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Pass the mic
Local open mic nights give both musical novices and seasoned vets a chance to show their stuff
By Michael Summers
Fort Wayne Reader
At first glance, the succession of men and women waiting to take the stage at the Firefly coffee house on Wednesday’s open mic night might seem like character actors right out of central casting. Most of them seem young, a little scruffy, and deadly serious, armed with battered guitar cases and an insular attitude — exactly the kind of people I was told populate open mic nights in the area. For anyone out in the crowd, it looks like they’re in for an evening of acoustic earnestness…
Except if you stick around, you’ll find something much, much different.
For one thing, the performers are not all twentysomethings, not by a long shot. A lot of musicians who have been playing around the Fort Wayne area for years take the stage during the course of the evening. And they’re not all serious either. They’re serious about the music, and about performing, but some of them banter a little with the audience or throw a little self-deprecation into the onstage comments.
For another, it’s not all acoustic, and musically, it’s very diverse. Material ranges from indie rock originals to blues and folk covers to electric instrumentals. The performances are excellent; the musicians on stage may not all be seasoned veterans, but they can all play their instrument and hold a tune, something that anyone who has ever settled themselves in at a restaurant only to find out a minute after ordering that (surprise!) it’s the establishment’s karaoke night can appreciate.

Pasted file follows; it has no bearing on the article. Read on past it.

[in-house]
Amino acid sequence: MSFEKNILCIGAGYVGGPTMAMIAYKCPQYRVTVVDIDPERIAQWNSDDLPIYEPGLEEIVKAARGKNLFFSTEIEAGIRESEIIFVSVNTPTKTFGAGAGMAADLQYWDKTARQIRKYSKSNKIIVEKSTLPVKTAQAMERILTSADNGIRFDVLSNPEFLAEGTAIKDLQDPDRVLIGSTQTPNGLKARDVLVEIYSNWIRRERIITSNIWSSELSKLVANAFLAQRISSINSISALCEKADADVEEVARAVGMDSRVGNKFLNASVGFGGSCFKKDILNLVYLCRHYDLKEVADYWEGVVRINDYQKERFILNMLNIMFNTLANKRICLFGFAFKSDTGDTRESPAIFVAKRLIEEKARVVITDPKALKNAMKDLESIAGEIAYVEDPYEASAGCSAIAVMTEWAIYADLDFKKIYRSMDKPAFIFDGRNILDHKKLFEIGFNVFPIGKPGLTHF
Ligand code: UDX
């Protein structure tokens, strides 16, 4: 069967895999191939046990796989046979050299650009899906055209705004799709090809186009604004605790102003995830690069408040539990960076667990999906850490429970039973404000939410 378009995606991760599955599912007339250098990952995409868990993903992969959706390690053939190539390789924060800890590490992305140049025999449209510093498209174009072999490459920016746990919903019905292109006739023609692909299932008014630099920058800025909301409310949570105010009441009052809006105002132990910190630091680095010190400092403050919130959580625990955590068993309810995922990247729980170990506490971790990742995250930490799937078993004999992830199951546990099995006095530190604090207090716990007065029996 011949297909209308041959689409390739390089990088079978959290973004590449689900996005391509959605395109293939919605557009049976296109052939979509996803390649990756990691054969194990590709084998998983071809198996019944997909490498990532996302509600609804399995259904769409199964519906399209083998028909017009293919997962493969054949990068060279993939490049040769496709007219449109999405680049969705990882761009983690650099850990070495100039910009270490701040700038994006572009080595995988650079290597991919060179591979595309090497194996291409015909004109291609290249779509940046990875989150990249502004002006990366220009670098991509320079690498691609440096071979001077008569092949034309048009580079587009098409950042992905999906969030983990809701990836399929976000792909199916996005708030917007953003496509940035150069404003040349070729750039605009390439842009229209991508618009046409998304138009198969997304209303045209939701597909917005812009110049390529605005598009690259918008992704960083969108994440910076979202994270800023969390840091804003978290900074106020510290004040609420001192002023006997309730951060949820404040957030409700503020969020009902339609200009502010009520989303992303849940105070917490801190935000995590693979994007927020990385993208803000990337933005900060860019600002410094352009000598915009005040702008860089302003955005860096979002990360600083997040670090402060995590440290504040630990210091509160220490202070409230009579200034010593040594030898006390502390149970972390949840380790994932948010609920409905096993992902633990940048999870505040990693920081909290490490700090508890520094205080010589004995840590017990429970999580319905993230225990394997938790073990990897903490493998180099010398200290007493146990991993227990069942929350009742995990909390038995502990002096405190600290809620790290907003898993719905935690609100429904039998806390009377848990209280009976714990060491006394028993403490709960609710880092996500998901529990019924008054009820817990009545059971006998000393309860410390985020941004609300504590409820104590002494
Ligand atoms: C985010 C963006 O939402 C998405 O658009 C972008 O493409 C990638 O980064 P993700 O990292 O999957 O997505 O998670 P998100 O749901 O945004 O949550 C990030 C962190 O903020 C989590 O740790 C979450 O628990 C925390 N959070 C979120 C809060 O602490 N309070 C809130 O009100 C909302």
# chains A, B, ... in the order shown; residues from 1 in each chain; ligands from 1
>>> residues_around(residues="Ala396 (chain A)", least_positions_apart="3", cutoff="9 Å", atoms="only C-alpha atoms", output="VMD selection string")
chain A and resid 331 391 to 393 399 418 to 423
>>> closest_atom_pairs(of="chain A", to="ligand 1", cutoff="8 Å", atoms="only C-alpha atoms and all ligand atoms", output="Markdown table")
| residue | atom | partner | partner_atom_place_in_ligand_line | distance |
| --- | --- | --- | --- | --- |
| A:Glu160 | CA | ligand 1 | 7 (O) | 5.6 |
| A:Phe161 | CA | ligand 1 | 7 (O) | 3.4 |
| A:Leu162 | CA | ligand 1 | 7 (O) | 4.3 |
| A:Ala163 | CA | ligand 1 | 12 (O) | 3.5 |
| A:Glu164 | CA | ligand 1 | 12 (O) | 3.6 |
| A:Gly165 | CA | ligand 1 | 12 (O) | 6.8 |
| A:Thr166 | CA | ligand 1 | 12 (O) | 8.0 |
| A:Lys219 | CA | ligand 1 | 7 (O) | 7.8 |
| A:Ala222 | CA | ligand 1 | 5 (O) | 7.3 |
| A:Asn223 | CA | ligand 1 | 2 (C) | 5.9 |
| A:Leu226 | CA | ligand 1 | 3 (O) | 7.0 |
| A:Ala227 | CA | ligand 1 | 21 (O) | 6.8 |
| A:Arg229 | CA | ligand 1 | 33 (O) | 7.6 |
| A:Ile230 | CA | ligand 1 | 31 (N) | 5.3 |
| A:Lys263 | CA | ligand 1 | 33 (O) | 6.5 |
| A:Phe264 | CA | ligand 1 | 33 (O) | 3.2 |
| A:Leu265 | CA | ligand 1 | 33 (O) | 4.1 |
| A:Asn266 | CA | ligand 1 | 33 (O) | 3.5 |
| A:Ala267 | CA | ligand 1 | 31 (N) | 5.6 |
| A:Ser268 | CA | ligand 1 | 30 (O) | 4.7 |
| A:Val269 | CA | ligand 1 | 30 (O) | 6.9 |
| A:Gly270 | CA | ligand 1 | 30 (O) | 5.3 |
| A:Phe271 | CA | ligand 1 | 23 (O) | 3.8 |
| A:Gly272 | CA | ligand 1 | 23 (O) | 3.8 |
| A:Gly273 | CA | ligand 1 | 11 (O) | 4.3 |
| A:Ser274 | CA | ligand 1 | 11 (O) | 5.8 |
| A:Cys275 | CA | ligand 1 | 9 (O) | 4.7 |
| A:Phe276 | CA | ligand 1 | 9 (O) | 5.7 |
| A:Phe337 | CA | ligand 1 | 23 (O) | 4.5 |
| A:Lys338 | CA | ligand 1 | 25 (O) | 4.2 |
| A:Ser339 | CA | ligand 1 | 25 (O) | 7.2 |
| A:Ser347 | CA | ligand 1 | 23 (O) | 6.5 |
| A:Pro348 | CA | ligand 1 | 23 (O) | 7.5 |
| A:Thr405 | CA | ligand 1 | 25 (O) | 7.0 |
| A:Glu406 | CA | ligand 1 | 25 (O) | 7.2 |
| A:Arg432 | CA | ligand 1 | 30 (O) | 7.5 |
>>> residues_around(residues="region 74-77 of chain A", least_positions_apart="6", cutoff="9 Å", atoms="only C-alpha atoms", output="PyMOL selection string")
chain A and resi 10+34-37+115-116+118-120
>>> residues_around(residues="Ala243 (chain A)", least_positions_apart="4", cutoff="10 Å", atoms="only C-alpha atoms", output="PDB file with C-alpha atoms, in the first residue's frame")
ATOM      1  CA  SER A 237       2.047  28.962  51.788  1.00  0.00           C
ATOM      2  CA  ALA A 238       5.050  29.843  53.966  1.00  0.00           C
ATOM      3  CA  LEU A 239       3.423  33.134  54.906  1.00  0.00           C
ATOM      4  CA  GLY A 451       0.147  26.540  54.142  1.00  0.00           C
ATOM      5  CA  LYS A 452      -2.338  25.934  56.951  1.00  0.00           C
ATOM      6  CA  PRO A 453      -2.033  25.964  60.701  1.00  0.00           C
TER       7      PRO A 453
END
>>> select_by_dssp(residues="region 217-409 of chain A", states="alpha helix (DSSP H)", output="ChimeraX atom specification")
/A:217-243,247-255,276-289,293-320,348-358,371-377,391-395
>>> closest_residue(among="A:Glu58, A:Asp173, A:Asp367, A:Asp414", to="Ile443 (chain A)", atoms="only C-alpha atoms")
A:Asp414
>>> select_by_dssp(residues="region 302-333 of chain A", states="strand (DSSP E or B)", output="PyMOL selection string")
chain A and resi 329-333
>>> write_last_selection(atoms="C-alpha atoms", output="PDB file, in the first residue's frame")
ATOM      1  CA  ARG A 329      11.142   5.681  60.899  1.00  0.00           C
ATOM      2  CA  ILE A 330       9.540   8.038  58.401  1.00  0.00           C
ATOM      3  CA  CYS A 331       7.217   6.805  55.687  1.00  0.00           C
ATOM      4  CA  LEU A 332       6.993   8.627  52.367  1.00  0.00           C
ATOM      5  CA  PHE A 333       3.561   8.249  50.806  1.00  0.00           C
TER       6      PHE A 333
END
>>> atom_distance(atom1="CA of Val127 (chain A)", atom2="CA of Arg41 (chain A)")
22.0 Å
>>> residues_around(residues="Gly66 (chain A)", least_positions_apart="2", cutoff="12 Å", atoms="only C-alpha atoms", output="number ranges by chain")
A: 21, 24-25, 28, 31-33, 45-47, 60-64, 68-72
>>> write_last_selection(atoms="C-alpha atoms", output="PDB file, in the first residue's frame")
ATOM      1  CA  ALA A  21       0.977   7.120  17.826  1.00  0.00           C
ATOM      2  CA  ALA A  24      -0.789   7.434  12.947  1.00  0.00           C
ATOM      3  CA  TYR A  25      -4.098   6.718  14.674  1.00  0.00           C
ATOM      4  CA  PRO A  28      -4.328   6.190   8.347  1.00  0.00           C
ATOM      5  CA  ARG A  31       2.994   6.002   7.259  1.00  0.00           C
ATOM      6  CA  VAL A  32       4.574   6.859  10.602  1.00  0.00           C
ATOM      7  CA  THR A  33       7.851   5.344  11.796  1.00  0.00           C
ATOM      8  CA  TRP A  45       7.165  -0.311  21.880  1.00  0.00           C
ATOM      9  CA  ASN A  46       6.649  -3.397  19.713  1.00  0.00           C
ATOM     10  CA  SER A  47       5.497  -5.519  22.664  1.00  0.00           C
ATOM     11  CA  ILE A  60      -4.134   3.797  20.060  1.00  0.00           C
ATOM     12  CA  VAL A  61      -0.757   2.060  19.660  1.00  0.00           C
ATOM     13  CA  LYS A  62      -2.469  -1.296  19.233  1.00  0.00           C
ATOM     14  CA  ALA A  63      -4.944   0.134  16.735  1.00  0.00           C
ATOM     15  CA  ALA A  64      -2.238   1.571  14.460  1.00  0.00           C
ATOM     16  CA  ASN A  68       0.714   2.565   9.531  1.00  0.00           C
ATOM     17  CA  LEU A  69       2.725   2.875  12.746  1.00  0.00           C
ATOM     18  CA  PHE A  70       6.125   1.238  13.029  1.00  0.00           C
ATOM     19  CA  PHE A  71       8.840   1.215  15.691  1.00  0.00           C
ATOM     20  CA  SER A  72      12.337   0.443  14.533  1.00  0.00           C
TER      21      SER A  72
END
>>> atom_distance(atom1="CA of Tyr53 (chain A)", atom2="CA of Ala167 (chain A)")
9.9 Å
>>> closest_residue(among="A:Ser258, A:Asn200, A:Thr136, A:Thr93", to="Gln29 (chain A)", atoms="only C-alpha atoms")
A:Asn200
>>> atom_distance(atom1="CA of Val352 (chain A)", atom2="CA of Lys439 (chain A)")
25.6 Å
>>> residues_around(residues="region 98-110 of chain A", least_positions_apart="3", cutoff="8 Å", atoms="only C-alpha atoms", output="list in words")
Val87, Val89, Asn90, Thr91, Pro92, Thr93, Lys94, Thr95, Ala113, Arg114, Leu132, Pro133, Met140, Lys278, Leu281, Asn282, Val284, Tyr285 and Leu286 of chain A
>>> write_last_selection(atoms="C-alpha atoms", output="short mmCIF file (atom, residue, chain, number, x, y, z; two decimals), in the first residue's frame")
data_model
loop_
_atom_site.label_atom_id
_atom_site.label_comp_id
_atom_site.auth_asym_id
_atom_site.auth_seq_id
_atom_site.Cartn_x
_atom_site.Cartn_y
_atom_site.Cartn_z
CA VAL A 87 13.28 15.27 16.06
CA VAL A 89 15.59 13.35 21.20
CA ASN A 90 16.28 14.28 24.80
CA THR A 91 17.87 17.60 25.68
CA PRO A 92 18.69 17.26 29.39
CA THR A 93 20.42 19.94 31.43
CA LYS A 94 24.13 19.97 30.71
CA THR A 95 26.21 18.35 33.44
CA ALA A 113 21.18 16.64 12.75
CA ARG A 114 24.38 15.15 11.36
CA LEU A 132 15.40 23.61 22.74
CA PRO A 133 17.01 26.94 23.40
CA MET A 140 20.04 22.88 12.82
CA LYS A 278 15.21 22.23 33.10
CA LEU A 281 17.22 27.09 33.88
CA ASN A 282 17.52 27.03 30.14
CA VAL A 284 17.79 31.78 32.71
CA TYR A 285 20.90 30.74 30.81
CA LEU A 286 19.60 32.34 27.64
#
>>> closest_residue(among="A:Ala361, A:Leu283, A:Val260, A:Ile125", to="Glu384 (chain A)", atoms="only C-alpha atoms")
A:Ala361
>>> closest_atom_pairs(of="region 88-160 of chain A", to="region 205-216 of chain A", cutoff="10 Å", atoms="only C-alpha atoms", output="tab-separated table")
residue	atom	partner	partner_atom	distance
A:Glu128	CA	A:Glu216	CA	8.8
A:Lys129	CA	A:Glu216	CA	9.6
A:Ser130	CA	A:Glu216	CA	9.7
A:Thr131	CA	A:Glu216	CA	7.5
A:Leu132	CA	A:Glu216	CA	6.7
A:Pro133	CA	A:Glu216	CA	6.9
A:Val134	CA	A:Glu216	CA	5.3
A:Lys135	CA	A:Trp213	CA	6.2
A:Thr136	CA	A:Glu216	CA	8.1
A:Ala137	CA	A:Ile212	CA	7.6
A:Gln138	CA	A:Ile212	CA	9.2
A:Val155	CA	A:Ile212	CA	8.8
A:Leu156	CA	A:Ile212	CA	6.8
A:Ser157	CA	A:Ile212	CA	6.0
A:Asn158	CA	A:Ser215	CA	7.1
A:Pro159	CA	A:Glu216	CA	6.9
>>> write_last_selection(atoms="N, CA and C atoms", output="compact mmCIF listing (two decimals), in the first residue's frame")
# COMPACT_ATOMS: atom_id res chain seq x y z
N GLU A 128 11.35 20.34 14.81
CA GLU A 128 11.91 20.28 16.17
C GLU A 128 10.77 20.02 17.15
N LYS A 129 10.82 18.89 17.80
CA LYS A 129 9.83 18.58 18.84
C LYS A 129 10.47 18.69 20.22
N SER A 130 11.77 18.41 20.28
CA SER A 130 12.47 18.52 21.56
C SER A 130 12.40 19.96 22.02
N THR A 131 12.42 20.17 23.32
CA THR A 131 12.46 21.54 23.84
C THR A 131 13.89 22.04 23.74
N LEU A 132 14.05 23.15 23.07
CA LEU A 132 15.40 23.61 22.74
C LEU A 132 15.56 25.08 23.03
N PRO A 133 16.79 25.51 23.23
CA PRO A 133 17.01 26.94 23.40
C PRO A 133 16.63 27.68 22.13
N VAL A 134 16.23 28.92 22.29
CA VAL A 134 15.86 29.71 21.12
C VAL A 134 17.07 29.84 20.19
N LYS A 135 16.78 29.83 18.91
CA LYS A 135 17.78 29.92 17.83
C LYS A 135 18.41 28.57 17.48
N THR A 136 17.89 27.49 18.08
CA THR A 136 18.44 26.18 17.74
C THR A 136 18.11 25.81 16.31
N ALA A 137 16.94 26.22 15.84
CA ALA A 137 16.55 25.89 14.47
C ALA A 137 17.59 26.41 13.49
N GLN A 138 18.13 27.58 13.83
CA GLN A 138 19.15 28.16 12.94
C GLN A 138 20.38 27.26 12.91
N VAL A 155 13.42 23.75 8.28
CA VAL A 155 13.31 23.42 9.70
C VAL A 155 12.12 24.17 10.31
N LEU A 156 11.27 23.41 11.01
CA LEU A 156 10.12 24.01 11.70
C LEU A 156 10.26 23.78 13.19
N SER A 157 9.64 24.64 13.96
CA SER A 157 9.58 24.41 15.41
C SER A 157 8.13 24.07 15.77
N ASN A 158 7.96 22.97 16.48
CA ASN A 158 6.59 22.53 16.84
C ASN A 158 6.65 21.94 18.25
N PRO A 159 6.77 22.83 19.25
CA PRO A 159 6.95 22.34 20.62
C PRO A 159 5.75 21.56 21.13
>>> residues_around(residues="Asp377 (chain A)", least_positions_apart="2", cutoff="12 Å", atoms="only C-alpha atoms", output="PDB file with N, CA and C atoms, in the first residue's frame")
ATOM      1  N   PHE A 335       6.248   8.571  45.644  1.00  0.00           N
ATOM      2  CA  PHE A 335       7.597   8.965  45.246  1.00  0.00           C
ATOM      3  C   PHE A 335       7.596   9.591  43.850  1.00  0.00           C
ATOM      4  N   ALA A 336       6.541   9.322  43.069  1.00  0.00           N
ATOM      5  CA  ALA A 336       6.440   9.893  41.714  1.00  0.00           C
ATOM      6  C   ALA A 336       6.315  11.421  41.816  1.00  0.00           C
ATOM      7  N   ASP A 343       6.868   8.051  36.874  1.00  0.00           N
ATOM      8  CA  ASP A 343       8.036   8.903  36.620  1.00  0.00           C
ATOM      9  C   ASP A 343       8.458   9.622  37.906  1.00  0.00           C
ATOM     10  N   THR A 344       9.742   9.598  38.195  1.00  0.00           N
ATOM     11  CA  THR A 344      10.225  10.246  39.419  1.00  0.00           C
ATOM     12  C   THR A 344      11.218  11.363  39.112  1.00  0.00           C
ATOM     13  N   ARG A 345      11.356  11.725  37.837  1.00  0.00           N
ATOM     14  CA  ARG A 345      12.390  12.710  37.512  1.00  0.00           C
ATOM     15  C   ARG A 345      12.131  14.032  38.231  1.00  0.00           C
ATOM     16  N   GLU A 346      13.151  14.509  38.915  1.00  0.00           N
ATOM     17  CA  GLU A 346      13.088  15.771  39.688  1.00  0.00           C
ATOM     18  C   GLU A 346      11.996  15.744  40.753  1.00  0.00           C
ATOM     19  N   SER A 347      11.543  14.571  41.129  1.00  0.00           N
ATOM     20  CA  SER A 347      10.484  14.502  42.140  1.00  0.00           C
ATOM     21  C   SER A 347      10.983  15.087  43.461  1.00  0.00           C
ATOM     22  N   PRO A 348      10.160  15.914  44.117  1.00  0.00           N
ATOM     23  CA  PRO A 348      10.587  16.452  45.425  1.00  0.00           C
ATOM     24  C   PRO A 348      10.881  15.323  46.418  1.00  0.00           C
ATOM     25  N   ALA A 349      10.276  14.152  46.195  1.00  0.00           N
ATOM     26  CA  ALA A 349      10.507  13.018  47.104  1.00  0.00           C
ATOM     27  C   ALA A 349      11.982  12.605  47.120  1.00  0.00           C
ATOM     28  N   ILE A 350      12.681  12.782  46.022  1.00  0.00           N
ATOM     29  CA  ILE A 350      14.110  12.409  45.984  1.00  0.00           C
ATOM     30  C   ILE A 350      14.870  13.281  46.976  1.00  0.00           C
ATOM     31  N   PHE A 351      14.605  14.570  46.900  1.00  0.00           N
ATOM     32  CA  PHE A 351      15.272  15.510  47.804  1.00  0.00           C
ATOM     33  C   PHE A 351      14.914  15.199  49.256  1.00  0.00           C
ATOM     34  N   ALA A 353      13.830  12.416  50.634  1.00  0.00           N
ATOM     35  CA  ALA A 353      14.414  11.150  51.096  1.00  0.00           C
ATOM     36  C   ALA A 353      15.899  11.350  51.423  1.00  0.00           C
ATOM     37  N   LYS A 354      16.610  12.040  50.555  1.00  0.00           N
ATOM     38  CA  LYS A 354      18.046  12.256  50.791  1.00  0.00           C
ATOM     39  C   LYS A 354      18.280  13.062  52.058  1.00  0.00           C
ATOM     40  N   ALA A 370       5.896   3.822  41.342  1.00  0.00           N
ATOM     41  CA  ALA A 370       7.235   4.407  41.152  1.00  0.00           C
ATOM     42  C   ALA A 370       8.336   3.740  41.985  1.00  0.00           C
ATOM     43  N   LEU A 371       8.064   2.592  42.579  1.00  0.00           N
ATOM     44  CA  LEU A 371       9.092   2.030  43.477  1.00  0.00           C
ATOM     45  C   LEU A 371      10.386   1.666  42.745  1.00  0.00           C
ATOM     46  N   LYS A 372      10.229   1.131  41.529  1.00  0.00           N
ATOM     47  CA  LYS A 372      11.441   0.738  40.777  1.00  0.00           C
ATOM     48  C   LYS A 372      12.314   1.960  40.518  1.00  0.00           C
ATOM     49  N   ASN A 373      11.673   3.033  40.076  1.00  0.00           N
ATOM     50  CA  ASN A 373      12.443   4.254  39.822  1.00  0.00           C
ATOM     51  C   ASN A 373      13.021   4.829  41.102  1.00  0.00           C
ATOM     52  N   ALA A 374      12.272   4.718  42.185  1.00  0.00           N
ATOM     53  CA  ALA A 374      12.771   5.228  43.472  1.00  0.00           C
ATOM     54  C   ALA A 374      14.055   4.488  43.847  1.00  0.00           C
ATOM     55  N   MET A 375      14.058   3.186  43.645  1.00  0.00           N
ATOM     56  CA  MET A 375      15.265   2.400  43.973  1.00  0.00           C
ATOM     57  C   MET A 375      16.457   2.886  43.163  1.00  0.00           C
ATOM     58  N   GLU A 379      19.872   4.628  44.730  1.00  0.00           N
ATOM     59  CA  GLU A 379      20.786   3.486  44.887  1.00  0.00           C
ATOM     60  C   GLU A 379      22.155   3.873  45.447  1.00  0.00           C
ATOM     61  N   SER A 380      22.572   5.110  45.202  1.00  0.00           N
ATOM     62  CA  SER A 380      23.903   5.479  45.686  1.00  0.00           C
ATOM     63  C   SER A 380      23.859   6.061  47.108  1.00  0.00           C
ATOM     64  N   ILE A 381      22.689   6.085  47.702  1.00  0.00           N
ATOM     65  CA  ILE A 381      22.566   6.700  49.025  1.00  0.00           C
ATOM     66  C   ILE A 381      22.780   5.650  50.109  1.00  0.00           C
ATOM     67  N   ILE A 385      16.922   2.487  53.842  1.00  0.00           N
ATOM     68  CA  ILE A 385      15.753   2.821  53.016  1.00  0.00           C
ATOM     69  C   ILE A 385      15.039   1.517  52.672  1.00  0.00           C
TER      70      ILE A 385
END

Best of all, there’s a collegial, friendly atmosphere among the musicians that seems to transmit itself to the audience.
The Firefly coffee house on North Anthony is just one of the many venues in Fort Wayne that hosts a regular open mic night. You can find an open mic night, or something like it, practically any night of the week here in town, where you can play a few originals, perform a mini-set of your favorite covers, or even do a spoken word piece.
There are some guidelines (more on that later), but the hosts of some of the open mic nights around town say the only real requirement is a desire to perform. Bring your instrument, and you’re the star — for two or three songs, at least.
Mike Conley hosts the acoustic open mic Thursday nights at the Mad Anthony Brewing Company on Broadway and Taylor. Finding the area’s “best” open mic night depends on who you talk to, of course, but this one ranked pretty high with everyone I talked to. A prolific performer in his own right, who estimates he plays out anywhere from three to five times and week and can’t remember the number of songs he knows (“probably hundreds”), Conley says he puts on a different hat for his gig as host. “I am not there to be the star,” he says. “I am there to make everybody feel at home, and to make sure that person feels really good about their performance.”
Part of that includes diplomacy. Sometimes, 15 or 16 people will show up, and Conley, who has served as host at Mad Anthony for three years, says he tries to let all the performers have their three songs worth. “The ultimate goal is to be able to share their own songs with people,” he says. “At Mad Anthony, we’re fortunate, everyone is still supportive and respectful, even if it’s not the best performance. I’ve seen people who have been coming there since day one, and they’ve improved. It’s amazing. It’s almost like watching your kids grow up.”